Verses 51-56. - Signs following the death of Christ. (Mark 15:38-41; Luke 23:47-49.) Verse 51. - And, behold. St. Matthew thus introduces his account of the portents which attended the death of the Son of God. The rending of the veil is mentioned by the synoptists as consequent on, and occurring simultaneously with, the completion of the ineffable sacrifice. The veil of the temple (τοῦ ναοῦ). There were two principal veils in the present temple - one between the vestibule and the holy place, and one other which is that here referred to, a constituent part of the edifce. This was the veil between the holy place and the holy of holies, which was moved aside only once a year to admit the high priest to the shrine on the great Day of Atonement (Exodus 26:33). It was large and costly, some sixty feet high, and made of rich materials. Josephus ('Bell. Jud.,' 5:05. 4) tells us of one of the veils in the temple, that it was a Babylonian curtain, embroidered with linen in various colours, woven together with wonderful art, such as the eye loved to rest upon. Was rent in twain from the top to the bottom. An apocryphal Gospel ('The Gospel of the Hebrews'), quoted by St. Jerome, in loc., asserts that the exquisitely carved lintel to which the veil was fastened was at this moment shattered to pieces, and in its fall tore the curtain asunder. The direction of the rent would show that no human hands had torn it apart, and the rending seems to have preceded the earthquake. The violent act was supernatural, and of a typical nature, as we are taught by Hebrews 9:6-12. The sanctuary enshrined the presence of God, from which the veil excluded every one but the high priest on one special occasion, thus denoting the imperfect reconciliation between God and his people, and that the way to the holiest was not yet made manifest. The rending of this veil betokened the opening of the access to heaven through the wounded body of Christ: as we read in Hebrews 10:19, 20, "Having boldness to enter into the holiest by the blood of Jesus, by a new and living way, which he hath consecrated for us through the veil, that is to say, his flesh." "When thou hadst overcome the sharpness of death, thou didst open the kingdom of heaven to all believers." The distinction between Jew and Gentile was abolished, the mysteries of the old Law were opened and manifested, all rites and ceremonies were made of sacramental efficacy, and ministered grace. How soon this ominous occurrence was discovered, we know not. The priest who offered incense at the evening sacrifice about this same hour must have seen it, and spread abroad among his comrades the news, to which many would attach a meaning fatal to the security of their religion. But this was comparatively a private sign; the next one was of a more comprehensive and public character. The earth did quake, and the rocks rent. The last verb is the same as was used just before in the case of the veil. There was a local earthquake at this awful moment, as if the very land shuddered at the terrible crime that had been committed. The Church of the Holy Sepulchre at Jerusalem is supposed to cover the Golgotha of the Crucifixion (see on ver. 33). "An opening, faced with silver, shows the spot where the cross is said to have been sunk in the rock, and less than five feet from it is a long brass open work slide, over a cleft in the rock, which is about six inches deep, but is supposed by the pilgrims to reach to the centre of the earth. This is said to mark the rending of the rocks at the Crucifixion" (Geikie, 'Holy Land and Bible,' p. 447). The fact of the earthquake is testified by Phlegon, whose words were quoted by Julius Africanus, in his 'Chronographia' (fragments of which work have been published by Routh and others), and by Eusebius, in his 'Chronicon' (the passage, no longer extant in the original, being preserved by Jerome, and in an Armenian version; see Morison, on ver. 45). The rending of the rocks is attested by St. Cyril, Bishop of Jerusalem ('Cateches.,' 13:33), who speaks of the remarkable fissure in Golgotha, which he had often noticed.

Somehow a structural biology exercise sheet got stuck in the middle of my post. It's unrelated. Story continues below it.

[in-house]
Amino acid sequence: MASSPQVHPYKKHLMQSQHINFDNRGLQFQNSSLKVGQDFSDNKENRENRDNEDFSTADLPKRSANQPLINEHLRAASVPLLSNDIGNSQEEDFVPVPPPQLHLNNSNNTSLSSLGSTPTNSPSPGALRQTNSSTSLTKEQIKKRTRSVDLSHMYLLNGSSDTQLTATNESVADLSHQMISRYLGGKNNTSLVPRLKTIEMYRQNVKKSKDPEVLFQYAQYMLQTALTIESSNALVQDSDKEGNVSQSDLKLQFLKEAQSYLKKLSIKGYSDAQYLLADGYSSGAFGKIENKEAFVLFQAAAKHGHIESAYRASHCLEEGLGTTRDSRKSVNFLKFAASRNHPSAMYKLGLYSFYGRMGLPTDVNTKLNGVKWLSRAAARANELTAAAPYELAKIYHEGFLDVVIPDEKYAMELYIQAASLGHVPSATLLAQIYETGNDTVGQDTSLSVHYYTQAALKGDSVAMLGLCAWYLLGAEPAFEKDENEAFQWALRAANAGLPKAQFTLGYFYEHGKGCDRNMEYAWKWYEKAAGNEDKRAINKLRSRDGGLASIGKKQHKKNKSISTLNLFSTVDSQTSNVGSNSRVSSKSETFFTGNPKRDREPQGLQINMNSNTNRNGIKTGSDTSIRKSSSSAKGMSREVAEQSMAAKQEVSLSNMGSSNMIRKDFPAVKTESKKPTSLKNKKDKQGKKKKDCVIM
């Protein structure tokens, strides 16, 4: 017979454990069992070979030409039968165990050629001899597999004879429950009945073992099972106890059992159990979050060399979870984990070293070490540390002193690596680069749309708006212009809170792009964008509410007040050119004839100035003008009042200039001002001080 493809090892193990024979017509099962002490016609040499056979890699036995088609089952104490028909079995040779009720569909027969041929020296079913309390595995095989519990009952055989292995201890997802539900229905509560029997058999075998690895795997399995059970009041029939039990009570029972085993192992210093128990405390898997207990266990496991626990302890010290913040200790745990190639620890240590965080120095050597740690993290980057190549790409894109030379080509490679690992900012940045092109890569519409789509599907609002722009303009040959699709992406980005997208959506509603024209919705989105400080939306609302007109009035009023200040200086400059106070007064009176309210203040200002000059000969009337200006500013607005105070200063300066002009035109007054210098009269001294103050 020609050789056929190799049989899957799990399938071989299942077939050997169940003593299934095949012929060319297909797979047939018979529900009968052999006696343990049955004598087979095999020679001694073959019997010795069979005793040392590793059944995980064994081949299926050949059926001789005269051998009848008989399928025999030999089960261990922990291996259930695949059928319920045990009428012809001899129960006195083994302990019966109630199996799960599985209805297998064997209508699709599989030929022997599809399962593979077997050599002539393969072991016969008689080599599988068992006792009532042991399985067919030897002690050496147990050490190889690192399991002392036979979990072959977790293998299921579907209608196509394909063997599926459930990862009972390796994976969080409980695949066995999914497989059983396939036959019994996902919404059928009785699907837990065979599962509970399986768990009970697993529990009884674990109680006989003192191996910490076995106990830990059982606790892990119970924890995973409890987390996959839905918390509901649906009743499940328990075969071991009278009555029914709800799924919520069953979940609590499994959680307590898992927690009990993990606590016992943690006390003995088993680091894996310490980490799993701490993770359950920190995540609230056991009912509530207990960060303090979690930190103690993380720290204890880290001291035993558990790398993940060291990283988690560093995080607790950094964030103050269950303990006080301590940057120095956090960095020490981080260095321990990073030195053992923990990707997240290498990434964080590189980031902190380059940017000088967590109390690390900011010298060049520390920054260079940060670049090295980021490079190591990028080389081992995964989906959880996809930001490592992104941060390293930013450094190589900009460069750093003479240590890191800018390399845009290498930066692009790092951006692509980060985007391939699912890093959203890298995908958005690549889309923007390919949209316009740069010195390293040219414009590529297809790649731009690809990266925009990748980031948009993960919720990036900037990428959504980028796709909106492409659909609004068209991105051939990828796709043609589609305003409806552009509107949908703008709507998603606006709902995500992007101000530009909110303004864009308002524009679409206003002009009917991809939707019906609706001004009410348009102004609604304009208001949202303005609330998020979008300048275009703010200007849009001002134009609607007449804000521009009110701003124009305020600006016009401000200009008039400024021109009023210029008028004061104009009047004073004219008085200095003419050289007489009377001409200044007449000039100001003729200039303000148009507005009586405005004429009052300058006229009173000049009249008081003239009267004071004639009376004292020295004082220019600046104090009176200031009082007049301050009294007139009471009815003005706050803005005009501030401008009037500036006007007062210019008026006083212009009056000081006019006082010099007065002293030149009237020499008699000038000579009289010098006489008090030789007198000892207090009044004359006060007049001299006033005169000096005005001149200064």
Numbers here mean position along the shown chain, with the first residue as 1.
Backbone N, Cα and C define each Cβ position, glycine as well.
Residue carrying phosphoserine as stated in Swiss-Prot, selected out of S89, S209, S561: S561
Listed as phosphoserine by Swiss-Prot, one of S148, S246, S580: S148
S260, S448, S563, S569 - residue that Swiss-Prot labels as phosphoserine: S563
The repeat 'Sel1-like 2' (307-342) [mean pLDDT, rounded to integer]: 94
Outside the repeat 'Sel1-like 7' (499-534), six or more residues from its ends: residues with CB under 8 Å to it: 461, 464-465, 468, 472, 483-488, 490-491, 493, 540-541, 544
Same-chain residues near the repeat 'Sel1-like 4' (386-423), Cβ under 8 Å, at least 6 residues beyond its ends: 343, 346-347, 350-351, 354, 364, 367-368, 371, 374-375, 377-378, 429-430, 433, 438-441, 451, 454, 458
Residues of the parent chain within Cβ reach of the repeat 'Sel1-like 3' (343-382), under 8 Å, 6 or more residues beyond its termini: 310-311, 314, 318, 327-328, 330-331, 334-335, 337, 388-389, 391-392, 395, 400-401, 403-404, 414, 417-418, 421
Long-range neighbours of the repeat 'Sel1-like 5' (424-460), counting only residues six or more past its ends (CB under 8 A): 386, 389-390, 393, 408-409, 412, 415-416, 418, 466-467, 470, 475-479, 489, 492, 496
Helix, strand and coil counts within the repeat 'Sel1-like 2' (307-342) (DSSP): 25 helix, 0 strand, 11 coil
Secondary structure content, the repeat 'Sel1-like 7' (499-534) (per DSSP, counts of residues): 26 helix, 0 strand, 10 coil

Gill's Exposition of the Entire Bible
And behold, the vail of the temple was rent in twain,.... Just at the time that Christ spake with so loud a voice, and expired, and which was at the time of the offering up of the evening incense; and so must be seen by the priest that was then offering, and those that assisted him, for the incense altar was near the vail; and which must be a very astonishing sight unto them: the vail was of a very great thickness; it was made of fine twined linen,